The local way of life is also the focus of On The Go Tours’ 11-day Migration of the Berbers trek, departing in May and September, and following nomadic Berber tribes as they bring goats and sheep from the High Atlas Mountains to the lower Dades Valley. The trip includes seven nights’ camping, three nights in a Marrakech riad, and a tour leader, from £799 without flights.Bedouin camps, a hike through Todra Gorge and a visit to Ait Benhaddou kasbah feature in G Adventures’ eight-day Moroccan Desert Adventure, part of its 18-30s range You Only Live Once (from £399 excluding flights).
Those who prefer to travel in style can opt for the 12-day comfort-level alternative, Moroccan Dreams, which includes an off-road drive through the desert, a night in a luxury tented camp and a visit to the natural rock formations at Tafraoute (from £1,399 land-only).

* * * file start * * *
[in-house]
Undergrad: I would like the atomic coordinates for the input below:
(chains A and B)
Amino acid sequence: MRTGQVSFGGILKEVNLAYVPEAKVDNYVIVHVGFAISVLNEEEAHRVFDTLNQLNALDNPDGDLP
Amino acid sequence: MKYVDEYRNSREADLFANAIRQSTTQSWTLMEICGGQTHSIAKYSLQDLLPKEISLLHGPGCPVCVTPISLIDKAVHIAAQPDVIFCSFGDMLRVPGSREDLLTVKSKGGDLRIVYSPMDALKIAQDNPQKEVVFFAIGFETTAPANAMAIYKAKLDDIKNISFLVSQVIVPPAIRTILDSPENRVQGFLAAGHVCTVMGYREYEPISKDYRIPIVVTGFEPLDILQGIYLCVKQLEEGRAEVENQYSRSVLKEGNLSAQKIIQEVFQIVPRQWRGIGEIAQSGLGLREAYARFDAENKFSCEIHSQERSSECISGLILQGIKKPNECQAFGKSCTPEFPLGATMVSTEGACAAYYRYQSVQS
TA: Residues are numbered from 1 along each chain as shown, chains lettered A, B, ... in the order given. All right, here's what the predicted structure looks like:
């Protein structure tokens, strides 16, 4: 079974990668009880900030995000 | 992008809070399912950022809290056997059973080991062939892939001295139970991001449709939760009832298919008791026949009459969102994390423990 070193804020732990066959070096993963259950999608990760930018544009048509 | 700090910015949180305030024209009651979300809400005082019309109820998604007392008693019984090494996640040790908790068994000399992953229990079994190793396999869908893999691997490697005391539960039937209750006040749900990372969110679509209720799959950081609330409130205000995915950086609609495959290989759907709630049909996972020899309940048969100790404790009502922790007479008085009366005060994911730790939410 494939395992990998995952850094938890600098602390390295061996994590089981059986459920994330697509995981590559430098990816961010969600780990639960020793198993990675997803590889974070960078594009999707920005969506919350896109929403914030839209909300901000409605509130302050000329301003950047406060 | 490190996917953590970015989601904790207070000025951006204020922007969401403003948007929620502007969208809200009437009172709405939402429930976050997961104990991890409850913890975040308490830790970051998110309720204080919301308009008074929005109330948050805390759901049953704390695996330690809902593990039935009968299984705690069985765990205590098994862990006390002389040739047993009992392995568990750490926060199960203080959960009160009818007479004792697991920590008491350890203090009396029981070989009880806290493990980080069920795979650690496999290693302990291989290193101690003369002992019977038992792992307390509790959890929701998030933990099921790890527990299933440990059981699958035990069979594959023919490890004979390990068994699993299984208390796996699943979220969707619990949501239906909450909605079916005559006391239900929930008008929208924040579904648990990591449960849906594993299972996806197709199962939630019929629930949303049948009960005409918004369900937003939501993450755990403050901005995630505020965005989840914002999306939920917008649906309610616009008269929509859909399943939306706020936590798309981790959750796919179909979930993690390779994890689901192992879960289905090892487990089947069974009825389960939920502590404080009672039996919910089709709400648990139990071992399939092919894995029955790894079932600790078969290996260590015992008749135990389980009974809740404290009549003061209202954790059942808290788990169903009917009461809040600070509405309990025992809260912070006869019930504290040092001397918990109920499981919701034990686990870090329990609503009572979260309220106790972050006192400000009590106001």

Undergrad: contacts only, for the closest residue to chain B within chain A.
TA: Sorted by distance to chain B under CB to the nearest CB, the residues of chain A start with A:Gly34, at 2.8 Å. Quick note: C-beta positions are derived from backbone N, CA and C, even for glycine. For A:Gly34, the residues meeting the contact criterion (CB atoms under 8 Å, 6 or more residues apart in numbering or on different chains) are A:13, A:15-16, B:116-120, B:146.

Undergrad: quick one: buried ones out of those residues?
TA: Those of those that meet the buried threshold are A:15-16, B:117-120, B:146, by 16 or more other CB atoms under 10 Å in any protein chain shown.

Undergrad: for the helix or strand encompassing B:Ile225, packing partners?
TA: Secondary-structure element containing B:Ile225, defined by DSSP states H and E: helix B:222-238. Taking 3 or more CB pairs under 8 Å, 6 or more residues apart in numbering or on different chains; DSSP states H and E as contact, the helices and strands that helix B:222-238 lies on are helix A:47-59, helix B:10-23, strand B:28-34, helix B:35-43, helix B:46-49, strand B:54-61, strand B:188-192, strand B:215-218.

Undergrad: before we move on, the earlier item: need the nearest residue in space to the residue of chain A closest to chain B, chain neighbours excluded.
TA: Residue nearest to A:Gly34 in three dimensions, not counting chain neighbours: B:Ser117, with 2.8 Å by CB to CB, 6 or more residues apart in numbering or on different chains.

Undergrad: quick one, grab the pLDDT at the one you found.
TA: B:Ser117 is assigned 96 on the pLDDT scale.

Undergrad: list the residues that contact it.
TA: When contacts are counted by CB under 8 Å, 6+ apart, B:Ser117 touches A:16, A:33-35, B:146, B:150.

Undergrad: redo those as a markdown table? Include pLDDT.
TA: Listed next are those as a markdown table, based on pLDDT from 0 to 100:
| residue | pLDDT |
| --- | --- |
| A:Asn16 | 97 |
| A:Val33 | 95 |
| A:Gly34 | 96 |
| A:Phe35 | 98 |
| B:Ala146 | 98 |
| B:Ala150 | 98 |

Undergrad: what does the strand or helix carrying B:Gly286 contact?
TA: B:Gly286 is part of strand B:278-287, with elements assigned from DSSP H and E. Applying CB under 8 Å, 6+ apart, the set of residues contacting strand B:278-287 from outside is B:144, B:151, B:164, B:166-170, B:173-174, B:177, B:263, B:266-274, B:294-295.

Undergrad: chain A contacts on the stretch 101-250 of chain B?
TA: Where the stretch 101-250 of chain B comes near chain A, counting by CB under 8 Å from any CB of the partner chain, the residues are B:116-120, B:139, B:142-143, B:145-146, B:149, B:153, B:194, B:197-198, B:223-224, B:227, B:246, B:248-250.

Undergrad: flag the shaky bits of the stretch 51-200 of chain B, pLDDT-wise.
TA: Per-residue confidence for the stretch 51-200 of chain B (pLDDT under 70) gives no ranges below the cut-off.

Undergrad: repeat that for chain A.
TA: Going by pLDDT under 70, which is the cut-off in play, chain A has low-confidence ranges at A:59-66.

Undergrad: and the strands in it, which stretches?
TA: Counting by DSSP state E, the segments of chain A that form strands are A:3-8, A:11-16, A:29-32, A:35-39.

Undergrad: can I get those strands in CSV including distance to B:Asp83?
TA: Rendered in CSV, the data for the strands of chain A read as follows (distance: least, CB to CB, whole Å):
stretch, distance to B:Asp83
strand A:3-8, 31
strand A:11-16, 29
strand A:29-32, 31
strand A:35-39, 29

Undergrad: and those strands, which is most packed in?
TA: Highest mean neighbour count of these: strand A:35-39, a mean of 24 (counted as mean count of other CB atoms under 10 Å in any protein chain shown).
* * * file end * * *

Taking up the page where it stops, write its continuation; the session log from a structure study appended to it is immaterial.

Morocco’s soft adventure also makes it a hit with younger explorers: it’s one of family specialist The Adventure Company’s top-sellers, and has continued to sell well while other North African destinations have slowed. Kids in the Kasbahs is one of the operator’s most popular itineraries: ride donkeys through the Atlas Mountains, drink mint tea in traditional Berber villages, and stay in beachside Essaouira (eight days, from £759 per child over five, £799 for adults, including flights).
For older children, Atlas Trails is a more challenging trip, with four days’ hiking in the Atlas Mountains, staying in Berber villages, plus a stop at Ait Benhaddou kasbah (eight days from £689 with flights; minimum age 12).